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Beginner Vegetables: Help with zucchini.

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Forum: Beginner VegetablesReplies: 16, Views: 86
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robertsonj88
Edmonton, AB
(Zone 3a)

July 23, 2013
6:49 PM

Post #9609992

My little boy pulled the flowers off of the zucchinis that were growing (he loves to pick all of my flowers after watching me dead head them lol) and now they're turning yellow and stopped growing.
Do they need the flowers to grow? Should I just cut them off?

Also, my tomatoes (roma) haven't grown at all since a week after I transplanted them. Could it be because the soil I used isn't one that drains easily? I should have added some perlite or vermiculite to it or something but forgot. lol

The pictures are in the order opposite of what I want it to be.

Thumbnail by robertsonj88   Thumbnail by robertsonj88   Thumbnail by robertsonj88
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gardadore
Saylorsburg, PA
(Zone 6a)

July 23, 2013
7:29 PM

Post #9610068

I think they need the flowers to a certain point. But you can eat the small zucchinis that aren't completely yellow. The plants should set new flowers.

What variety are you growing of tomatoes? Did you add fertilizer to the soil? You can still put some perlite in, just very carefully when digging around the plant. You have a lot of tomatoes on the one plant. What are you using for your "soil". You should be using a good potting mix, not a soil, to have satisfactory results. If you are using a potting mix, then try the perlite and make sure you feed (but not too much nitrogen - a food with a higher number in the middle - that's the phosphorus tomatoes need) and water the plants consistently. That should help.
robertsonj88
Edmonton, AB
(Zone 3a)

July 23, 2013
8:09 PM

Post #9610101

I'm growing roma tomatoes. They planted in a triple mix, the brand is Premier. It has compost, humus, and peat moss. The people I work with INSISTED that it'd be good to plant tomatoes in and I have zero luck growing tomatoes, even when I had an actual in ground garden so I just listened to them. lol The one with all of the tomatoes on it is barely 7" tall. They aren't consistently watered because it's been raining here so much.
gardadore
Saylorsburg, PA
(Zone 6a)

July 24, 2013
8:07 AM

Post #9610456

Premier is an excellent brand as long as you planted in the "mix" not the soil. The "mix" should have had adequate perlite in it. But even with the mix I always add fertilizer. You need something with a higher number in the middleHow long ago did you put in the plants?

I just googled Premier Triple Mix and what I found says it is a soil not a mix. It is for outdoor planting, not container. I use Premier Pro-Mix BX/Mycorise Pro and it works great. I think that is your problem - the soil may have compacted too much. Try gently loosening it around the roots. If the plants aren't that big they can be replanted in a good mix. I try to avoid Miracle Grow mixes, however. I feed with a good fish fertilizer but make sure you get something that has more phosphorus in it (middle number).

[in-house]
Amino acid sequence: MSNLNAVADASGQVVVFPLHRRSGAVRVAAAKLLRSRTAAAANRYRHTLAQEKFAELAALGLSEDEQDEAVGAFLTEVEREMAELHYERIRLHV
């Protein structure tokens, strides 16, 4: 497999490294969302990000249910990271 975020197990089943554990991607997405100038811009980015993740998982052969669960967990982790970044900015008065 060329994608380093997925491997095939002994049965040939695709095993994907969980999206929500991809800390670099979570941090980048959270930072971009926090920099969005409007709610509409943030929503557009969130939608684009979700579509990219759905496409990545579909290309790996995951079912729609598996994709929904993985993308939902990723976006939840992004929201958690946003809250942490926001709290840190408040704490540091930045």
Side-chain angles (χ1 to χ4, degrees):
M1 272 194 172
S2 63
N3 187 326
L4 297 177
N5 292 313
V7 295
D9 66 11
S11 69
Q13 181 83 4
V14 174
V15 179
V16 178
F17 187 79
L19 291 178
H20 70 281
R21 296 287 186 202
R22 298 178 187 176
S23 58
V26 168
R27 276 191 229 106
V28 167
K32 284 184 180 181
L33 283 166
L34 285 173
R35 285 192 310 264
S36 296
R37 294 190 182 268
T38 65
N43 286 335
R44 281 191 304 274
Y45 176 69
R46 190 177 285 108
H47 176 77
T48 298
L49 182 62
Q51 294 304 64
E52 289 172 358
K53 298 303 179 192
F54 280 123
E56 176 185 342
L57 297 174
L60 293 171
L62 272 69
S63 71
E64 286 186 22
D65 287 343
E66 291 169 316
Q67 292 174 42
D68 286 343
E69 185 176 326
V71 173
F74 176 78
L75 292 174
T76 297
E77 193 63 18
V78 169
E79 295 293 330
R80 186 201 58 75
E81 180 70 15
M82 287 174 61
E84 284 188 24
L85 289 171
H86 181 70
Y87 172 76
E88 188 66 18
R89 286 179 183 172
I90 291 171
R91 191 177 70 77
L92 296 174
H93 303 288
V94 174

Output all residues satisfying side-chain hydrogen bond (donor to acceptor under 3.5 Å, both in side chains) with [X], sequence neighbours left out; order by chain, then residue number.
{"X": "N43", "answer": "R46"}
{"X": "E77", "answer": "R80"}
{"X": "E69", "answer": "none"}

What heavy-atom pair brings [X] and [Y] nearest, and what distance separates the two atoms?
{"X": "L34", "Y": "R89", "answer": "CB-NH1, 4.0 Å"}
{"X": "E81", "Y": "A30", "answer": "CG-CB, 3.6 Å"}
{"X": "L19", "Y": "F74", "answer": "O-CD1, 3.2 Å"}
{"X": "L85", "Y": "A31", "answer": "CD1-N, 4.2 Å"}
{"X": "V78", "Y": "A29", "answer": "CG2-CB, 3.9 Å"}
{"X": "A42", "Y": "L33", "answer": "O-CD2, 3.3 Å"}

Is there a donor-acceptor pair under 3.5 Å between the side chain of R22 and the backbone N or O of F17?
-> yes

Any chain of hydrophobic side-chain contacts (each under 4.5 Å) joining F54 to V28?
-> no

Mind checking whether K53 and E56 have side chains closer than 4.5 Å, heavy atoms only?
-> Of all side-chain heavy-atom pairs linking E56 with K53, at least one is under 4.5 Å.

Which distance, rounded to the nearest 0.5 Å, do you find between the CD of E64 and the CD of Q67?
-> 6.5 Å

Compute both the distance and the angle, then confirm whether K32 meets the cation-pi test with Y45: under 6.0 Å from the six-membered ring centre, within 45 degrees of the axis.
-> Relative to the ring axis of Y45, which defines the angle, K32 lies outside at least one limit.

You might want to check out the Earthbox.com site to get some ideas on planting. They would be excellent for the Roma tomatoes - bigger varieties tend to flop over in them. Good luck!!
robertsonj88
Edmonton, AB
(Zone 3a)

July 24, 2013
11:33 AM

Post #9610668

I put them in about 9 weeks ago.
The soil is way too compacted. Yeah I really don't like Miracle Grow mixes, mainly because I can't stand the smell of them. lol
I forgot I have some potting soil from Costco it's "The Answer Organic Potting Soil". It has peat moss, perlite, and composted bark. Do you think that would be sufficient? I need to go out and buy some fertilizer though I just have some little pellet things that I don't like.

I need to replant my beets too, I fail at container gardening. lol

Is this the stuff you use and you use it in pots? http://www.rona.ca/en/professional-growing-medium-89465001

I seen one of those EarthBox things at Lowes and thought it was really cool but I'm too cheap. lol Although, I'd probably be better off just spending the money on one.
Thanks for all of your help. :)
gardadore
Saylorsburg, PA
(Zone 6a)

July 24, 2013
12:08 PM

Post #9610688

Yes, that's the Promix I use. I would hesitate to use your Cosco potting soil (unless you meant to say potting MIX). It sounds like it might be light enough - you have to decide that. But stay only with things that say Potting Mix! If you can get the Promix locally I would go with that.

Pellet fertilizer takes longer to be taken up by the plant that liquid. I am an organic gardener so am careful what I buy. Neptune's Harvest is excellent. It may seem expensive but you only use 1 tablespoon per gallon. I am sure you can find it or an equivalent at a good garden center near you. If you have a Hydroponics store nearby they usually carry good quality organic fertilizers.

Check out Earthbox.com. You can get the basic ones for under $30 and they last forever - very rugged. I add the Promix to them. http://earthbox.com/index.php/earthbox-systems/the-original-earthbox-gardening-system/earthbox-container-gardening-system-green.html

Don't give up on Container Gardening. You will do fine when you have the right ingredients!!

Jessia
robertsonj88
Edmonton, AB
(Zone 3a)

July 24, 2013
12:37 PM

Post #9610701

The bag says soil, I never realised that there was such a difference! I think I'll just go out today and but that Promix.
Yeah I prefer the water soluble fertilizers, plus this way I don't have to worry about my toddler eating them! lol
I don't want to give up on container gardening, it's my only option for vegetables, my vegetable garden was the neighbourhood cat litter and I had to get rid of it after trying many different things to keep them away.
I'll definitely have to do some online shopping for next spring.